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Vitamin D resistance in chronic kidney disease (CKD)



Previous studies have shown that treatment with ergocalciferol in patients with CKD stage 3 + 4 is not effective with less than 33% of patients achieving a 25-OH vitamin D target of >30 ng/ml. The aim of this study was to test the response to cholecalciferol in CKD. We attempted to replete 25-OH vitamin D to a target level of 40–60 ng/ml using the response to treatment and PTH suppression as an outcome measure.


This retrospective cohort study identified patients (Stages 2–5 and Transplant) from 2001–2010 who registered at the Chronic Kidney Disease Clinic. Patients received cholecalciferol 10,000 IU capsules weekly as initial therapy. When levels above 40 ng/ml were not achieved, doses were titrated up to a maximum of 50,000 IU weekly. Active vitamin D analogs were also used in some Stage 4–5 CKD patients per practice guidelines. Patients reaching at least one level of 40 ng/mL were designated RESPONDER, and if no level above 40 ng/mL they were designated NON-RESPONDER. Patients were followed for at least 6 months and up to 5 years.


352 patients were included with a mean follow up of 2.4 years. Of the CKD patients, the initial 25-OH vitamin D in the NON-RESPONDER group was lower than the RESPONDER group (18 vs. 23 ng/ml) (p = 0.03). Among all patients, the initial eGFR in the RESPONDER group was significantly higher than the NON-RESPONDER group (36 vs. 30 ml/min/1.73 m2) (p < 0.001). Over time, the eGFR of the RESPONDER group stabilized or increased (p < 0.001). Over time, the eGFR in the NON-RESPONDER group decreased toward a trajectory of ESRD. Proteinuria did not impact the response to 25-OH vitamin D replacement therapy. There were no identifiable variables associated with the response or lack of response to cholecalciferol treatment.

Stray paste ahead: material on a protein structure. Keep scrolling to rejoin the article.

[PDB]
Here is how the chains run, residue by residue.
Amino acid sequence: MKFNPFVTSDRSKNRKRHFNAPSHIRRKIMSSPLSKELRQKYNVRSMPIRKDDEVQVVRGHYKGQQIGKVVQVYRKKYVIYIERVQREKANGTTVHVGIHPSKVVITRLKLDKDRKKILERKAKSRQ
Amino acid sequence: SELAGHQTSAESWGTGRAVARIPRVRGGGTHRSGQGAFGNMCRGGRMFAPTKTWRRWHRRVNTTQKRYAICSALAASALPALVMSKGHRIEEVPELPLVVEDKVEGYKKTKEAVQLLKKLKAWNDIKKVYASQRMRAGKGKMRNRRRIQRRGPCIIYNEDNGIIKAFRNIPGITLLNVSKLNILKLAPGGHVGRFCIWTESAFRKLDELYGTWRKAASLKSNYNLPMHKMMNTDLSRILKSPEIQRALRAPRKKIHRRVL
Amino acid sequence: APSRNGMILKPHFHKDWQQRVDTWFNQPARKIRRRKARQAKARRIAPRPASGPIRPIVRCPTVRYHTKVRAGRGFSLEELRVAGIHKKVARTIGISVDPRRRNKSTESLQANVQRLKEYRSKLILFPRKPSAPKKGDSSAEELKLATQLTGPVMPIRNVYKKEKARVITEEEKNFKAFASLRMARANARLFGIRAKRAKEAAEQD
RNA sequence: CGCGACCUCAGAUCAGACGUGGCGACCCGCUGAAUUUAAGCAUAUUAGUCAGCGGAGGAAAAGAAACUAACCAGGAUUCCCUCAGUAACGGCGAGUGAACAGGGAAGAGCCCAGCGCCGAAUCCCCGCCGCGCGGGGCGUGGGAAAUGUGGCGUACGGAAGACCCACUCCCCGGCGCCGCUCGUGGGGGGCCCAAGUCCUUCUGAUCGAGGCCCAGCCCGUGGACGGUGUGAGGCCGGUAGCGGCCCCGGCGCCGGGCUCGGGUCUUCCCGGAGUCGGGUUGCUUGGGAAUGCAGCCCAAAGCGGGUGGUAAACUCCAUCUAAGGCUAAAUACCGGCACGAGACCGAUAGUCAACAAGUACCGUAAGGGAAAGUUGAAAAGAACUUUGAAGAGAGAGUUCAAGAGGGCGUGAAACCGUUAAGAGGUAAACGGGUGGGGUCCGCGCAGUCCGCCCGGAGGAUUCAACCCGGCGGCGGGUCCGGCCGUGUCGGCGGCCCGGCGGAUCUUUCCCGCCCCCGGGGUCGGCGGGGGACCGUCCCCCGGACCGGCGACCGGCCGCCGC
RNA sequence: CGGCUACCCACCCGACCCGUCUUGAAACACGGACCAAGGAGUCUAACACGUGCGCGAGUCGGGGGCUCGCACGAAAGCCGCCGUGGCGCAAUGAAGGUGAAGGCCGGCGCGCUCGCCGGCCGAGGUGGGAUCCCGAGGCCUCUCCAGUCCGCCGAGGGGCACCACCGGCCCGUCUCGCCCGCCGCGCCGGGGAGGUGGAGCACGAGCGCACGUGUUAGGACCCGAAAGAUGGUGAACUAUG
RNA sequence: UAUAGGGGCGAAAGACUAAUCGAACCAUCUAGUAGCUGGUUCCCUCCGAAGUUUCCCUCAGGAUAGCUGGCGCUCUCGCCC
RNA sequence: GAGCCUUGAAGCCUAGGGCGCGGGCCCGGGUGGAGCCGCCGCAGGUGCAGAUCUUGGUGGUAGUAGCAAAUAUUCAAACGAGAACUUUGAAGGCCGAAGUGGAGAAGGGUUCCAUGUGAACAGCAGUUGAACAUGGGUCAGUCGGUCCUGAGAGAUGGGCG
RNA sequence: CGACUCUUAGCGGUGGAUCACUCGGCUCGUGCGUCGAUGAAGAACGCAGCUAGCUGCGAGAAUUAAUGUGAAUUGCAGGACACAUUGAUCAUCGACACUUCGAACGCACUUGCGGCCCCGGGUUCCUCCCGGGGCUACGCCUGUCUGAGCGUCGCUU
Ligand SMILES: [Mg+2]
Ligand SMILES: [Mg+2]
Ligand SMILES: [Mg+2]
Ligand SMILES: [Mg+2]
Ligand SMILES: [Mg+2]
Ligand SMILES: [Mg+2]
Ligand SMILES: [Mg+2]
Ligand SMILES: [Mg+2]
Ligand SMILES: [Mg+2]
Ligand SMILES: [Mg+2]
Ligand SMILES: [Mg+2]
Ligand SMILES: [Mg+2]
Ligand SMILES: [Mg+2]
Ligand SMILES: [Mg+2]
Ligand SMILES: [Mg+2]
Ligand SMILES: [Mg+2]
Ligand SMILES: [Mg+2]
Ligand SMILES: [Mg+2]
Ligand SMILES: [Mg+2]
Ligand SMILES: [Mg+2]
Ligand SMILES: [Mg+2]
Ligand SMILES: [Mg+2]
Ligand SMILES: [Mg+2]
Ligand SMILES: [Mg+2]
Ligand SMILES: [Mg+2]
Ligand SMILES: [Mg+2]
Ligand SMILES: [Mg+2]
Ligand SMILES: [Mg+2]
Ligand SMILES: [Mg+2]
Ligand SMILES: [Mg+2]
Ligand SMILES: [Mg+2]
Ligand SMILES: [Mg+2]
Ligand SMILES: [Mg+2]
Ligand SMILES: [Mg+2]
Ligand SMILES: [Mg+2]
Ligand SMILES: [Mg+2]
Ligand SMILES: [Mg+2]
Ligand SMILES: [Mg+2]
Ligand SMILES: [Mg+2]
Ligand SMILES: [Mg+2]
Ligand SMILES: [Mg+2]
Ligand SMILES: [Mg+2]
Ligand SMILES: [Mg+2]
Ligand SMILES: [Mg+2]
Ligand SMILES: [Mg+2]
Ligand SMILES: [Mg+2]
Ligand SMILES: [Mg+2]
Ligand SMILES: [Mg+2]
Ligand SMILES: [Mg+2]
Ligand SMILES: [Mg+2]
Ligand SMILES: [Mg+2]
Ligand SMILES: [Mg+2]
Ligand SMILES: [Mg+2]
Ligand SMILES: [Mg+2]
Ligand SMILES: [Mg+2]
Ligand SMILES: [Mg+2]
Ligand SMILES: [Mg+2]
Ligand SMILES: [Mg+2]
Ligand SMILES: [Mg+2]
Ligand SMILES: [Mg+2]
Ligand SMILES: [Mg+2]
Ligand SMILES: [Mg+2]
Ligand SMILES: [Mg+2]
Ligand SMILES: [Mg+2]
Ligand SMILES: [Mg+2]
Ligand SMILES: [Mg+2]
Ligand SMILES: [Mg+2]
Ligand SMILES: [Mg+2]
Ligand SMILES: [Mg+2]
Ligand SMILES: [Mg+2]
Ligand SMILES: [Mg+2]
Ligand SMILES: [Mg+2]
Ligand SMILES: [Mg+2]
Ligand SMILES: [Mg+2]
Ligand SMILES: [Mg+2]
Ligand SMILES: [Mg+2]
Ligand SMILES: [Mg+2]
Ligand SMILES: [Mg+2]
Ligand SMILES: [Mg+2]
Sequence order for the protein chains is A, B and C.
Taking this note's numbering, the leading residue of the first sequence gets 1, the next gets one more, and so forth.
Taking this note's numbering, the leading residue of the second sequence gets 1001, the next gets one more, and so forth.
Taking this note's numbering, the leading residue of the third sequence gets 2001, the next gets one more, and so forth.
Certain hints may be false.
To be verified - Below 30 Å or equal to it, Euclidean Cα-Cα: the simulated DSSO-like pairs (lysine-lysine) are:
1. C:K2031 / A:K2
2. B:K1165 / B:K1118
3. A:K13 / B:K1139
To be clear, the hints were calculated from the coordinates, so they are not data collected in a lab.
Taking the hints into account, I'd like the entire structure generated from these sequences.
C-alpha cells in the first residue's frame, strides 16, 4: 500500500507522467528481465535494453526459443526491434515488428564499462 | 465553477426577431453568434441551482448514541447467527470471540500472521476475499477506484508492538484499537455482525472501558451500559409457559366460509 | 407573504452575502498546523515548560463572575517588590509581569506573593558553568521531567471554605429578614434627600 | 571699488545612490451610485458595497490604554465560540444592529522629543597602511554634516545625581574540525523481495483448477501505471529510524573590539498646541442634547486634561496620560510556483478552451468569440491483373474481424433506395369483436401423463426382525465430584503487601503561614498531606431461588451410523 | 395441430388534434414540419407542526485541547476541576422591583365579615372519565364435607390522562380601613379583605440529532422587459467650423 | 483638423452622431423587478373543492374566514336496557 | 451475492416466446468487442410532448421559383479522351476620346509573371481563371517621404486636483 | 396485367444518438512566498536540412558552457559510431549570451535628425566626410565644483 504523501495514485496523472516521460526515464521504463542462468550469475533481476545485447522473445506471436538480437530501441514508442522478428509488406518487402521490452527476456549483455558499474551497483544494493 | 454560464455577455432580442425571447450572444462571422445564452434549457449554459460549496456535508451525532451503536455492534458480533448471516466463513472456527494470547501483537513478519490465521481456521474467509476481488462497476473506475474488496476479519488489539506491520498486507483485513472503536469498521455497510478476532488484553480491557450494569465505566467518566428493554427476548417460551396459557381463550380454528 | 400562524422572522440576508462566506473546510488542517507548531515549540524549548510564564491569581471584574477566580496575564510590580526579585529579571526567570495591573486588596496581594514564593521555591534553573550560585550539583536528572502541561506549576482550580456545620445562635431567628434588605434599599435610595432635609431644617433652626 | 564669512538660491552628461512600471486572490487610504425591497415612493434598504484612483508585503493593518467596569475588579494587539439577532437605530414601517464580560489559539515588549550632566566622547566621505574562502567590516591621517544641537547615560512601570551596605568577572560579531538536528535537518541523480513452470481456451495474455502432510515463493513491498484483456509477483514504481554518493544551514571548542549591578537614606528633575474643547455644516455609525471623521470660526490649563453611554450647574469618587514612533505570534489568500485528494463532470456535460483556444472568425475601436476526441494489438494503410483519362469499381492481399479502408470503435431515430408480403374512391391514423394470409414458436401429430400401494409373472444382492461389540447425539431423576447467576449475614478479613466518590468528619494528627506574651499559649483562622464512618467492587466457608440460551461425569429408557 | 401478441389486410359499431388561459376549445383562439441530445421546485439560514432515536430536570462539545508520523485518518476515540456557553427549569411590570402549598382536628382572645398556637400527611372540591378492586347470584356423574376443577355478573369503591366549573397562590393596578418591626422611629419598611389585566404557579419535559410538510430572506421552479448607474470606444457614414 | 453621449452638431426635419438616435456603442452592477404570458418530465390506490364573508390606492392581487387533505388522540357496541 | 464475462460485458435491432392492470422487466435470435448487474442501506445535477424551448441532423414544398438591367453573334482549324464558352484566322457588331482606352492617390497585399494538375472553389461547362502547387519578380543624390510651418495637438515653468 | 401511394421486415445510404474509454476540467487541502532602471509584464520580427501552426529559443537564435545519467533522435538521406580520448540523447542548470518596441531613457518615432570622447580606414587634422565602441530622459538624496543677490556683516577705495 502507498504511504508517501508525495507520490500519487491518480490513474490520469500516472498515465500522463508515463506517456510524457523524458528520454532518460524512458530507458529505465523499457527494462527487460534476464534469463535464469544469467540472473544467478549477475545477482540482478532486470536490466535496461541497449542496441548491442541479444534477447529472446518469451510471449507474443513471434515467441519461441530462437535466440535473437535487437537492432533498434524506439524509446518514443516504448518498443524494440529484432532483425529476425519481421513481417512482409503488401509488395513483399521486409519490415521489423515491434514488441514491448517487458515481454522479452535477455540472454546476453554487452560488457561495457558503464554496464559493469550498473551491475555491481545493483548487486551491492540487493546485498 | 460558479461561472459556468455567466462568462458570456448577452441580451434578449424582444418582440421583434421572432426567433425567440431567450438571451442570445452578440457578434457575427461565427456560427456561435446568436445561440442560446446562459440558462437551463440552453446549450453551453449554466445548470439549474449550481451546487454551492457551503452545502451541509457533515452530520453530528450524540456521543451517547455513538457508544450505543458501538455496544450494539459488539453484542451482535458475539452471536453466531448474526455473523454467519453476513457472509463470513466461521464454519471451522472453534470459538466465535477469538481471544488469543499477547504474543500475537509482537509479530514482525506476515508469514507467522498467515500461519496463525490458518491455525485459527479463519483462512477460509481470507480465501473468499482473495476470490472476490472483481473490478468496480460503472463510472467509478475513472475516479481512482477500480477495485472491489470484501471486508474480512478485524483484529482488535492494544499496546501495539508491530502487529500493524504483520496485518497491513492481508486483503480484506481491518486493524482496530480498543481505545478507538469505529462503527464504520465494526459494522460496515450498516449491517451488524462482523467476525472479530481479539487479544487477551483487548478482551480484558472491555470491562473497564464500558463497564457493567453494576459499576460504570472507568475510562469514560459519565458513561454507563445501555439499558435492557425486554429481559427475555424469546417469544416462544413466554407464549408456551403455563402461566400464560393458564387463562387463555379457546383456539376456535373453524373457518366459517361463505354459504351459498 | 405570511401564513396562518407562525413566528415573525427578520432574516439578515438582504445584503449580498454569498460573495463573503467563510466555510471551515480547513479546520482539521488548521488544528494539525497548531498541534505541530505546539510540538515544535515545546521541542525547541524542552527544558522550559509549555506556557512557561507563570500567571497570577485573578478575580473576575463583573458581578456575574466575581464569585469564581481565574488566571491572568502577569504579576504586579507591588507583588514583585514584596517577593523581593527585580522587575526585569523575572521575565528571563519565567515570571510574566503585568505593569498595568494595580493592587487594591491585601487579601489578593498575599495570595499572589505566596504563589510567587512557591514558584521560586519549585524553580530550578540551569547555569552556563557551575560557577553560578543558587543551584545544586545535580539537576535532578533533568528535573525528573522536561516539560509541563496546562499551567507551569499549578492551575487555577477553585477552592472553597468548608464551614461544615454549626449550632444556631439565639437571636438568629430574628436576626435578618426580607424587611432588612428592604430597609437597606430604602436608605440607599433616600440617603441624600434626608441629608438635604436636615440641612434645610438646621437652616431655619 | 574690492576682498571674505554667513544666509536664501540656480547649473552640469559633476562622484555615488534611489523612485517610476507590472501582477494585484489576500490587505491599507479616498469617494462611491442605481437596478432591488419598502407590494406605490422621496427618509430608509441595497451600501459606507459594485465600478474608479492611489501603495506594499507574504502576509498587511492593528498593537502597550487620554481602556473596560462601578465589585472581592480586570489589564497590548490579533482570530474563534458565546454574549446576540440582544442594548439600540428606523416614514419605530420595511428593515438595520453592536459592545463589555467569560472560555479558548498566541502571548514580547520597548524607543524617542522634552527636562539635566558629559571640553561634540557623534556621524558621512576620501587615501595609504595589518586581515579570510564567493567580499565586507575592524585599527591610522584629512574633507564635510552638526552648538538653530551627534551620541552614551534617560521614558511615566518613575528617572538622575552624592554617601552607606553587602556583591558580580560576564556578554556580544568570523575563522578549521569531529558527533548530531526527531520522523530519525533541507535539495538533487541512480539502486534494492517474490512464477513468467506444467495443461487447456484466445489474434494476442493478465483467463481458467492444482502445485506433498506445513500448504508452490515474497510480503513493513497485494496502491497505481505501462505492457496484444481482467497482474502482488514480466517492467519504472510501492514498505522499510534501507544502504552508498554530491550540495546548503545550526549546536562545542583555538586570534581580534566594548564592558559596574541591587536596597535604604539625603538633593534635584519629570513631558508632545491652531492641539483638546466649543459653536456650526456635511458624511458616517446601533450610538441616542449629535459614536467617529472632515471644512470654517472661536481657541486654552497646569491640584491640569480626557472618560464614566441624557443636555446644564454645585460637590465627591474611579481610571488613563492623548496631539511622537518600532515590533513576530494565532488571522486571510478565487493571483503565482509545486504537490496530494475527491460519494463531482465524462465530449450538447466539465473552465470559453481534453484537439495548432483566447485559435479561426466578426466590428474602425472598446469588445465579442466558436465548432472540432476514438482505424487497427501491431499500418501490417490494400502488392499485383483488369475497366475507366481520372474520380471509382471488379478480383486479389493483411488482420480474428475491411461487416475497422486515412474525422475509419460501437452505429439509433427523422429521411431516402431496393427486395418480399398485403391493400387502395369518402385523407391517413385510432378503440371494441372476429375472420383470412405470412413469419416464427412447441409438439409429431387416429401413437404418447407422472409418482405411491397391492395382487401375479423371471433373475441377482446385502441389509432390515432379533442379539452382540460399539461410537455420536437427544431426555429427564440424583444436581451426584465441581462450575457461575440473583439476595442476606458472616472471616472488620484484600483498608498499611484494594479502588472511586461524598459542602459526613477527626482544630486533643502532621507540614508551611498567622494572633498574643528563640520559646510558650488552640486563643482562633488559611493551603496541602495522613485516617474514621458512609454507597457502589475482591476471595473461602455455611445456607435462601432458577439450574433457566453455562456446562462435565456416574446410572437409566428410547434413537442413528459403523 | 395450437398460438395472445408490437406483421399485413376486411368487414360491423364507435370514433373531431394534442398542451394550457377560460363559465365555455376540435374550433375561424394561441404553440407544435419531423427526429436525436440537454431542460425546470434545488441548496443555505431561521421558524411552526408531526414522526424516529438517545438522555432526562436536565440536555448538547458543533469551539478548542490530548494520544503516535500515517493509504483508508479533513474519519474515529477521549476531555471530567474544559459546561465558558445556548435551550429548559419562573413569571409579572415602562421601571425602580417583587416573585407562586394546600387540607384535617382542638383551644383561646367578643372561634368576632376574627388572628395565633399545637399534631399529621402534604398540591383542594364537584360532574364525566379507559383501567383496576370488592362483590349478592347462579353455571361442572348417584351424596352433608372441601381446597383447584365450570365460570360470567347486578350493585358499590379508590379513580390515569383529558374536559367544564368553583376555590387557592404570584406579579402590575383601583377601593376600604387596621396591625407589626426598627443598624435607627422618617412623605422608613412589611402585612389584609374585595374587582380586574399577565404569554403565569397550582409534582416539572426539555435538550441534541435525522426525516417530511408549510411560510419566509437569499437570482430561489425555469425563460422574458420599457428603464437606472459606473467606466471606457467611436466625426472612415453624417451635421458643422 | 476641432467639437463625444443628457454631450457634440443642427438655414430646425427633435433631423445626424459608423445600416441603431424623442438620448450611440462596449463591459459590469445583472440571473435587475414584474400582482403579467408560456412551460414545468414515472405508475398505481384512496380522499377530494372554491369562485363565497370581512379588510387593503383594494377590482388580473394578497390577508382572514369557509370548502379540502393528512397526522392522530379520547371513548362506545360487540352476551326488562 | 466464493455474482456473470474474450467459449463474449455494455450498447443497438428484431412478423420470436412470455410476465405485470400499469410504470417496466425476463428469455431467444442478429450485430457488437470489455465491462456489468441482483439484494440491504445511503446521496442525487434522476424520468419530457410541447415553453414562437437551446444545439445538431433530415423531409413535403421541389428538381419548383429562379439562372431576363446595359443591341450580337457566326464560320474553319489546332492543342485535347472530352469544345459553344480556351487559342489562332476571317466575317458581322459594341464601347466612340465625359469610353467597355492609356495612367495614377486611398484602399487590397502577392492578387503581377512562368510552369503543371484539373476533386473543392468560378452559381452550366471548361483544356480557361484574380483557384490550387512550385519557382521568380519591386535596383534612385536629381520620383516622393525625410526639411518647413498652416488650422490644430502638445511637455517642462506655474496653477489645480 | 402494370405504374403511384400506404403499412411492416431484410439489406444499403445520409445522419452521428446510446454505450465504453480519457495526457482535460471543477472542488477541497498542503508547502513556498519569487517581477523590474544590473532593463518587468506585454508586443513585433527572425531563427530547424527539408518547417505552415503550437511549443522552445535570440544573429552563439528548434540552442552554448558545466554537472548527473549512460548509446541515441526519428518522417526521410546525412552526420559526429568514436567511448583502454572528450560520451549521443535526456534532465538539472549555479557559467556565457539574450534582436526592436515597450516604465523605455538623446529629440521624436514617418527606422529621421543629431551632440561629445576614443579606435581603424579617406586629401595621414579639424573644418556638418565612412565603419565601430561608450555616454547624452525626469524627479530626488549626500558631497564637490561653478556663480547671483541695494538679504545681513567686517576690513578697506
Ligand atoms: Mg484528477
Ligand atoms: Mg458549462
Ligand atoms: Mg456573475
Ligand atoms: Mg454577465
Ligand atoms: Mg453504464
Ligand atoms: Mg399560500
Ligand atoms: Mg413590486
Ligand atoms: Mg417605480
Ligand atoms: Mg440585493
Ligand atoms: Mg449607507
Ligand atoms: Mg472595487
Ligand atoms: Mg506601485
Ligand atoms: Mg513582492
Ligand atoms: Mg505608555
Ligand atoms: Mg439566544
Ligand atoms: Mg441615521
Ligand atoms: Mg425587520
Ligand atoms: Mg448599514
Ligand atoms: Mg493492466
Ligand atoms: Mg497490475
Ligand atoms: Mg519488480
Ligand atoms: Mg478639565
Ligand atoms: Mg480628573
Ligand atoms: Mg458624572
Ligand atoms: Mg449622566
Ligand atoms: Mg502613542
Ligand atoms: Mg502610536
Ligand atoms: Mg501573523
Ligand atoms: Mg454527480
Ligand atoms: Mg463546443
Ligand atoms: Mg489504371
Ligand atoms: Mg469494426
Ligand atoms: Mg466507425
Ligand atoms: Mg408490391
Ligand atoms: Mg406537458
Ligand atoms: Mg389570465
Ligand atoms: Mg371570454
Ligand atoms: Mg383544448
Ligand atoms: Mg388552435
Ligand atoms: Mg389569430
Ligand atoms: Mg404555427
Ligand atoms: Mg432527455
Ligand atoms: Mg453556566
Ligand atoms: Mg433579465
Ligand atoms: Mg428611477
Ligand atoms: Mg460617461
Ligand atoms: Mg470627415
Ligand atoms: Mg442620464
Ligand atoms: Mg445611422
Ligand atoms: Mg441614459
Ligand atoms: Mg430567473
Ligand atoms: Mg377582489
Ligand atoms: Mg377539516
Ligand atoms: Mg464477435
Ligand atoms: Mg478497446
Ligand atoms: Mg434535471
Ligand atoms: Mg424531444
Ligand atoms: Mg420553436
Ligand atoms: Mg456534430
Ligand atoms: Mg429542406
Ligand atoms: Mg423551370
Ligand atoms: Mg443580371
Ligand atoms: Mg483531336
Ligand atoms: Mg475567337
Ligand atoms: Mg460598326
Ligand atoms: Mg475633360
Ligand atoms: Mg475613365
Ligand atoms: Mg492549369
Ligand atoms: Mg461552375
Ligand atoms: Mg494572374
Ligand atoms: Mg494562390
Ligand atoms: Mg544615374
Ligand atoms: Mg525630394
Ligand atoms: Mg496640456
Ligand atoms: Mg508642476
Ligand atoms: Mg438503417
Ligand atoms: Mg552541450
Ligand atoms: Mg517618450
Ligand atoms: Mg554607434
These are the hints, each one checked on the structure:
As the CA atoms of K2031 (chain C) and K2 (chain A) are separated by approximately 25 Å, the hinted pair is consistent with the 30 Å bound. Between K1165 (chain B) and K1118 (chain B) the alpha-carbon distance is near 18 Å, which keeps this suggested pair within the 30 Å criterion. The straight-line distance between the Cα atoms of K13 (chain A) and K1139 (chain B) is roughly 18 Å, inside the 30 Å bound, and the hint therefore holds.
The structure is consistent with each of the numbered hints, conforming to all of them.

CKD patients treated with cholecalciferol experience treatment resistance in raising vitamin D levels to a pre-selected target level. The mechanism of vitamin D resistance remains unknown and is associated with progressive loss of eGFR. Proteinuria modifies but does not account for the vitamin D resistance.

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Vitamin D [25(OH)D] insufficiency and secondary hyperparathyroidism is widely prevalent in patients with chronic kidney disease [1] including patients who have received a renal transplant [2]. The Kidney Disease Outcomes Quality Initiative (K/DOQI) guidelines recommend measuring PTH and initiating treatment of vitamin D insufficiency starting with CKD stage 3 [3].

Dietary intake of vitamin D may originate from either plant based sources (ergocalciferol, D2) or animal based sources (cholecalciferol, D3). The metabolic pathways of activating vitamin D2 or D3 are essentially the same. Active vitamin D2 and D3 both target the vitamin D receptor initiating vitamin D regulated gene transcription [4]. Achieving optimal levels of serum 25(OH) D remains a challenge in patients with advanced chronic kidney disease. Not only is 25-OH vitamin D purported to have its own beneficial effects, but metabolism to calcitriol has been shown to reduce PTH levels [1, 5]. The National Kidney Foundation (NKF) guidelines state that optimal 25(OH) D levels should be greater than 30 ng/mL and should be repleted with oral ergocalciferol [3] while the American Journal of Nutrition guidelines recommend levels greater than 40 ng/mL [6, 7]. There are no specific recommendations in the NKF/KDOQI guidelines regarding vitamin D insufficiency for kidney transplant recipients or patients receiving dialysis. There is not much data available to suggest exactly how much ergocalciferol should be administered [810] and whether such therapy impacts vitamin D and serum PTH concentrations. Zissman et al. studied the response to ergocalciferol for CKD Stages 3 and 4 [11]. They found a partial reduction in PTH for patients with Stage 3 CKD but not Stage 4 when repleted with ergocalciferol. Less than 33% of patients achieved a 25-vitamin D (Vit D) target of >30 ng/ml and 50% did not respond to treatment [11]. Al-Aly et al. found similar findings and noted a similar lack of response to ergocalciferol [5].